Young, Intact And Nested Retrotransposons Are Abundant In The Onion And Asparagus Genomes

ASU Author/Contributor (non-ASU co-authors, if there are any, appear on document)
Matt Estep, Assistant Professor (Creator)
Appalachian State University (ASU )
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Abstract: Background and Aims Although monocotyledonous plants comprise one of the two major groups of angiosperms and include .65 000 species, comprehensive genome analysis has been focused mainly on the Poaceae (grass) family. Due to this bias, most of the conclusions that have been drawn for monocot genome evolution are based on grasses. It is not known whether these conclusions apply to many other monocots.† Methods To extend our understanding of genome evolution in the monocots, Asparagales genomic sequence data were acquired and the structural properties of asparagus and onion genomes were analysed. Speci?cally, several available onion and asparagus bacterial arti?cial chromosomes (BACs) with contig sizes .35 kb were annotated and analysed, with a particular focus on the characterization of long terminal repeat (LTR) retrotransposons.† Key Results The results reveal that LTR retrotransposons are the major components of the onion and garden aspara-gus genomes. These elements are mostly intact (i.e. with two LTRs), have mainly inserted within the past 6 million years and are piled up into nested structures. Analysis of shotgun genomic sequence data and the observation of two copies for some transposable elements (TEs) in annotated BACs indicates that some families have become particu-larly abundant, as high as 4–5 % (asparagus) or 3–4 % (onion) of the genome for the most abundant families, as also seen in large grass genomes such as wheat and maize.† Conclusions Although previous annotations of contiguous genomic sequences have suggested that LTR retrotran-sposons were highly fragmented in these two Asparagales genomes, the results presented here show that this was largely due to the methodology used. In contrast, this current work indicates an ensemble of genomic features similar to those observed in the Poaceae.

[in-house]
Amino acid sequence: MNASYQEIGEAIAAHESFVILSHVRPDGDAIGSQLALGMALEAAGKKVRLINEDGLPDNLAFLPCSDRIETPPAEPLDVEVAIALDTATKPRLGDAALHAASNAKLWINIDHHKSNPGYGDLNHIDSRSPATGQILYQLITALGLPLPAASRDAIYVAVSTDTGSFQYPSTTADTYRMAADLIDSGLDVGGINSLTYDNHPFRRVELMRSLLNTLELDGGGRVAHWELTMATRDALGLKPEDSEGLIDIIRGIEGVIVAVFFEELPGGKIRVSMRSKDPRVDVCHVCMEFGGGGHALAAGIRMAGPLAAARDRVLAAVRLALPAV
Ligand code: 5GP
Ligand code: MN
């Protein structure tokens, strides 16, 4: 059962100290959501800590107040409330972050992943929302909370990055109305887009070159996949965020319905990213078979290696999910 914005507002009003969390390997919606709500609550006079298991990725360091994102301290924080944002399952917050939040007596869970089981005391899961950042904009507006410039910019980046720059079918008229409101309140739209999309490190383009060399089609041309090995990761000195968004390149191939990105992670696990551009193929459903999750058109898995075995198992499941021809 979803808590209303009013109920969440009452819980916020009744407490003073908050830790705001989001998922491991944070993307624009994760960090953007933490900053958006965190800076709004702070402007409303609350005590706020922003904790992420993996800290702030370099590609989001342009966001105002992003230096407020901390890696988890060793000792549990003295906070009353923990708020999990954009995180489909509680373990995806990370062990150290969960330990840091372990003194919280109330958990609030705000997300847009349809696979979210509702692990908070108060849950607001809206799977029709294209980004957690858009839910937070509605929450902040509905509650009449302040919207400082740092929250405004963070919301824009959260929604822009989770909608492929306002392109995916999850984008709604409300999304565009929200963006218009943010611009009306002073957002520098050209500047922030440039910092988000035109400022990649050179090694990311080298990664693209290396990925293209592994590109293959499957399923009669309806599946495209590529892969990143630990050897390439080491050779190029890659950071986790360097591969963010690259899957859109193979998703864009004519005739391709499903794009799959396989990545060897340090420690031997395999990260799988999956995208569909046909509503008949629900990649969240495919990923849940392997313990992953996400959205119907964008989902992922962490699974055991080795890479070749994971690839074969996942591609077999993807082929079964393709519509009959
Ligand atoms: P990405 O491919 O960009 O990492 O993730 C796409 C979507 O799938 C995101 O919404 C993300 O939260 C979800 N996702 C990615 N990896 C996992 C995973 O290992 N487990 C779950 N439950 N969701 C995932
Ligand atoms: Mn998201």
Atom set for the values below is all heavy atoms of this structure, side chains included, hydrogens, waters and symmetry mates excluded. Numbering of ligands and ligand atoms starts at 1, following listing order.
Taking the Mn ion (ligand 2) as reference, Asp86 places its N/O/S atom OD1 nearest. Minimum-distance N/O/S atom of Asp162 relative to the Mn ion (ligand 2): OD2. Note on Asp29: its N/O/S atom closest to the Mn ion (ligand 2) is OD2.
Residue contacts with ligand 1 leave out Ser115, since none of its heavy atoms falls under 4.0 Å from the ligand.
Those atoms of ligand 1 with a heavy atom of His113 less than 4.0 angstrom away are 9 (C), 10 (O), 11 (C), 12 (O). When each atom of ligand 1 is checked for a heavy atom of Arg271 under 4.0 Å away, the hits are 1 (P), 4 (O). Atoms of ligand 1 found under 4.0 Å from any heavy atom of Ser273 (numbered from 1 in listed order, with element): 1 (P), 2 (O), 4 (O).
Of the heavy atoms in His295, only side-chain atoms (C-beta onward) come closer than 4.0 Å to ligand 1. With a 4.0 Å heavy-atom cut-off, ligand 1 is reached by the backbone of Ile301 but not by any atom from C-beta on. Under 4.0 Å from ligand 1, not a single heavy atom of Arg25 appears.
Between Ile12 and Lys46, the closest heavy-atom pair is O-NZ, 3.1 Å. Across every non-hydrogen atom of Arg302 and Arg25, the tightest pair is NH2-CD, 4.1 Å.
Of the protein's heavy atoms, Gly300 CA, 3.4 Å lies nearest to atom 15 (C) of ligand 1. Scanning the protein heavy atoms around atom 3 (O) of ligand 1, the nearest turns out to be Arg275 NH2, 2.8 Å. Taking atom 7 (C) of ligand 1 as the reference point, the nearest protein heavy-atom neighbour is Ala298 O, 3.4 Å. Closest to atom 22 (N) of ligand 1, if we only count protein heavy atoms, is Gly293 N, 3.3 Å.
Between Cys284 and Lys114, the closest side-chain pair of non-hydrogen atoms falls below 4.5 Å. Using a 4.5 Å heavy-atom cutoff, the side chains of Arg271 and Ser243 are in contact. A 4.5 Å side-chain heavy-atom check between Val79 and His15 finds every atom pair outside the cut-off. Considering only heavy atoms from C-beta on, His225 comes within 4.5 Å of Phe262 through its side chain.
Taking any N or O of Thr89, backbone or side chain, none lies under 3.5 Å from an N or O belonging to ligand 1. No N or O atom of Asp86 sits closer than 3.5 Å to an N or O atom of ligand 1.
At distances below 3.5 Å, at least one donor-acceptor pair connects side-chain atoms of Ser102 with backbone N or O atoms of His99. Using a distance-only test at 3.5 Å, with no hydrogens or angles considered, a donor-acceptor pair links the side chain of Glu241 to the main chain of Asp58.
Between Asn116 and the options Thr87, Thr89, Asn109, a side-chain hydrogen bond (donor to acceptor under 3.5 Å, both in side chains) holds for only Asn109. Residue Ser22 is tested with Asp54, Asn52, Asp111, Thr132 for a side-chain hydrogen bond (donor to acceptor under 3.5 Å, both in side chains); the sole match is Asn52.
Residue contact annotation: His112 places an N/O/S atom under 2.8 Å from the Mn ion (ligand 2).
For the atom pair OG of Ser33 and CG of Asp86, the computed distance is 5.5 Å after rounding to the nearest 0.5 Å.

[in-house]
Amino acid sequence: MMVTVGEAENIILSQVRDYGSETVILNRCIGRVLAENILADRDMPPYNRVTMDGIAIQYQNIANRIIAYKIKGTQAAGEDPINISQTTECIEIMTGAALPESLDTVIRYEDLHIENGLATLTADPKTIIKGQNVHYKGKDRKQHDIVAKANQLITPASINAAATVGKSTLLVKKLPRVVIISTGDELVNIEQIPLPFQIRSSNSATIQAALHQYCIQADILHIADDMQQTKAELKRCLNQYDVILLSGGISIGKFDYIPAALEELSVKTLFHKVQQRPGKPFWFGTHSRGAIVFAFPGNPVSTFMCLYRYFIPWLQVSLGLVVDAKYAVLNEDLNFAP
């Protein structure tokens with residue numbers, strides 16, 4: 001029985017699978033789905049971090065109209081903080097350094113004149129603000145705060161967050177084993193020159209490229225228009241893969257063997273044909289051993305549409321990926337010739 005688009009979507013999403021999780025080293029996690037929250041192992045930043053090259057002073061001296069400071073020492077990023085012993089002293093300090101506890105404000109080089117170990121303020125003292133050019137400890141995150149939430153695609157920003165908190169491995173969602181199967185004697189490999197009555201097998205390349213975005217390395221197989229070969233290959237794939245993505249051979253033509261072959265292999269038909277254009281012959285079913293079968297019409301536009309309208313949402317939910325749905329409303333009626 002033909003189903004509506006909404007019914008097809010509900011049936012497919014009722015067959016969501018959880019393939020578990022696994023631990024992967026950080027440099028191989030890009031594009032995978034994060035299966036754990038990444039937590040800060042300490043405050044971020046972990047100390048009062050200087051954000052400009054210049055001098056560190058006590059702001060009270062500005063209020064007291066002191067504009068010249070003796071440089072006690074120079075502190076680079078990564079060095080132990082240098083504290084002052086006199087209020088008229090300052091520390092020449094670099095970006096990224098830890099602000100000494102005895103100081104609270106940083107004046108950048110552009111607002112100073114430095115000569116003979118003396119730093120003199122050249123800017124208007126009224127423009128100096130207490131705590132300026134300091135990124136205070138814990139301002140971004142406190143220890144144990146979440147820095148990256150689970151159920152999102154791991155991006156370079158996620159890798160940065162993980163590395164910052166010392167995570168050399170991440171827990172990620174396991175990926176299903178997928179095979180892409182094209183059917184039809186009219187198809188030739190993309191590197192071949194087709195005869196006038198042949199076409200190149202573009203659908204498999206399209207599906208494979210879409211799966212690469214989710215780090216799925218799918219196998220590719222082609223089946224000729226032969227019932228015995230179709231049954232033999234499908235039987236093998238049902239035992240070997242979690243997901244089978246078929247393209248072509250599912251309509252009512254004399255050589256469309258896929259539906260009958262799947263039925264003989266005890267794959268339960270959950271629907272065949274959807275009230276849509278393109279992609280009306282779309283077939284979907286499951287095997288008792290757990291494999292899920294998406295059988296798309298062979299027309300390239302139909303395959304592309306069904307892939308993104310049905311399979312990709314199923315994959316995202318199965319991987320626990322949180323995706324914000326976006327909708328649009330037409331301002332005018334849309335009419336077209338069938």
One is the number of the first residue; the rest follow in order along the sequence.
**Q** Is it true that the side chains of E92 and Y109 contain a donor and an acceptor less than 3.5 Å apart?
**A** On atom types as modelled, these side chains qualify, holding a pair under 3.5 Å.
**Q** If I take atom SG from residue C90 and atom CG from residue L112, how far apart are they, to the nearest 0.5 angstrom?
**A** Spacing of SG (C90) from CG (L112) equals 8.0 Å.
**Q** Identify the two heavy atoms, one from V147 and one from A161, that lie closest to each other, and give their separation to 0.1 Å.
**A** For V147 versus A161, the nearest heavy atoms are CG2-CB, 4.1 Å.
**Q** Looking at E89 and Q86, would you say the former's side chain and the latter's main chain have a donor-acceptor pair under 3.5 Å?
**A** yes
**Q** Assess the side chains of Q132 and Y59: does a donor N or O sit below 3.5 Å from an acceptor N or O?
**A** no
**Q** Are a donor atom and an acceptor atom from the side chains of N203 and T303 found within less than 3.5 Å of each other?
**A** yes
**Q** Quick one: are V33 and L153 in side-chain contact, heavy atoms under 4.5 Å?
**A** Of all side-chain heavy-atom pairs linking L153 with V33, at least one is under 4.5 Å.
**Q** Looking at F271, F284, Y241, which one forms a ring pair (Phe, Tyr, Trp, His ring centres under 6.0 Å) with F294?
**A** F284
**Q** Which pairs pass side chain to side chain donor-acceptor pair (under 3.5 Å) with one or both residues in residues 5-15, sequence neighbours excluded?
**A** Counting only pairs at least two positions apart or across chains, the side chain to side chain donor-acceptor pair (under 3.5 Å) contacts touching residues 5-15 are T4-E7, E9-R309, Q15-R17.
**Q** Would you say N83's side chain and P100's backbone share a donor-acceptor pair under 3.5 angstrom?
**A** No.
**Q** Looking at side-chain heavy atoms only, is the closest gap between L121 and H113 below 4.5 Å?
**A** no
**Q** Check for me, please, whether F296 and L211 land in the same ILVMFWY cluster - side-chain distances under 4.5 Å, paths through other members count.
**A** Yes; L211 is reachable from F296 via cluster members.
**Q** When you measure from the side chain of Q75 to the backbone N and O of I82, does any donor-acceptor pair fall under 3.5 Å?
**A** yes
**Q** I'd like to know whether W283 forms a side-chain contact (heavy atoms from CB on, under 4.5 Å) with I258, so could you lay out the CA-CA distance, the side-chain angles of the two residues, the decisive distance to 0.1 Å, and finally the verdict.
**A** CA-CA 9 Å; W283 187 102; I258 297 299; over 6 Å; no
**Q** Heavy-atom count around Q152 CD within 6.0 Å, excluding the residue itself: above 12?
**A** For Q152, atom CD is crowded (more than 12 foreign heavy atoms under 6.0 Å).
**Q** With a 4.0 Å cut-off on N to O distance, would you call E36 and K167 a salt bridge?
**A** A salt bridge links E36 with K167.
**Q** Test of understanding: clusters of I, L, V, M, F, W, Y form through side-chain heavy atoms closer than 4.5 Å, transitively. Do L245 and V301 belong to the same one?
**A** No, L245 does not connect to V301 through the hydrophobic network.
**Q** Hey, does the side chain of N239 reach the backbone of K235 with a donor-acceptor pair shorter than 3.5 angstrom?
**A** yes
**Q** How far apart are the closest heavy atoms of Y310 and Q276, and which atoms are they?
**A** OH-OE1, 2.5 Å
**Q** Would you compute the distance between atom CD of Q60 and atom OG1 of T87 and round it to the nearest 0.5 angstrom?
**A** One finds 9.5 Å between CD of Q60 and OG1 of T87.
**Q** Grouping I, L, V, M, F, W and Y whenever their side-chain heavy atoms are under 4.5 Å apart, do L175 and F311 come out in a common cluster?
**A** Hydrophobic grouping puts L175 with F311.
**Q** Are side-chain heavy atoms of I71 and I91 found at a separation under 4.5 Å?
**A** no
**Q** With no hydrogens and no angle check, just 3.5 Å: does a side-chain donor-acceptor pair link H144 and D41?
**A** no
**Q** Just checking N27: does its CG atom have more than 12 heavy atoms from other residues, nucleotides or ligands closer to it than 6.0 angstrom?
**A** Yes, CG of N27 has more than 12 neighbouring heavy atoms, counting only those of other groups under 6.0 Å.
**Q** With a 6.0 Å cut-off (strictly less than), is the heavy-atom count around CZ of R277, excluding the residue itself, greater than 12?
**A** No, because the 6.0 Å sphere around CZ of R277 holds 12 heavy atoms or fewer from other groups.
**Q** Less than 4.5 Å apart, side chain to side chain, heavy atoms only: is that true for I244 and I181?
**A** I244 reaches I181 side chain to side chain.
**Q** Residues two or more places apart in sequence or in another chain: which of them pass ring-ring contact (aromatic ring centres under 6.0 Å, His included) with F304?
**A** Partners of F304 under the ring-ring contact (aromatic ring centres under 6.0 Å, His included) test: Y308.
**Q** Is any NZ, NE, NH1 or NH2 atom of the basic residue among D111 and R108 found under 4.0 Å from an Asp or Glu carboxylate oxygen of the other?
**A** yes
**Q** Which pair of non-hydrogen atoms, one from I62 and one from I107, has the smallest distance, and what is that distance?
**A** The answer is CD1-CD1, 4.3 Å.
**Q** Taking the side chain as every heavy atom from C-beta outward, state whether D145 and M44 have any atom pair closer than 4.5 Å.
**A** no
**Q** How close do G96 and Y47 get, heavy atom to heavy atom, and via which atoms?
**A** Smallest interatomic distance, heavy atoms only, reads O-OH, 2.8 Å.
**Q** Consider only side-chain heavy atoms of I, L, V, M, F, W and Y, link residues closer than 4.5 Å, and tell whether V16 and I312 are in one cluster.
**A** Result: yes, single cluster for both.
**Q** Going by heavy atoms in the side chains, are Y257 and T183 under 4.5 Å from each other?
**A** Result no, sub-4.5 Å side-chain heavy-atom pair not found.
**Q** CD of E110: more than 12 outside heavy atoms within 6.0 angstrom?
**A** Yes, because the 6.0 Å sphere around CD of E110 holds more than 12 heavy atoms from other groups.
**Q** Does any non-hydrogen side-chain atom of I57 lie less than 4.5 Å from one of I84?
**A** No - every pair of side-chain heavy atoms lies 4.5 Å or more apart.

Additional Information

C. Vitte, M. C. Estep, J. Leebens-Mack and J. L. Bennetzen (2013) "Young, Intact And Nested Retrotransposons Are Abundant In The Onion And Asparagus Genomes."Annals of Botany. Version of Record Available At [doi:10.1093/aob/mct155]
Language: English
Date: 2013
Asparagus officinalis, Allium cepa, garden asparagus, onion, Asparagales, transposable elements, LTR retrotransposons, BAC annotation.

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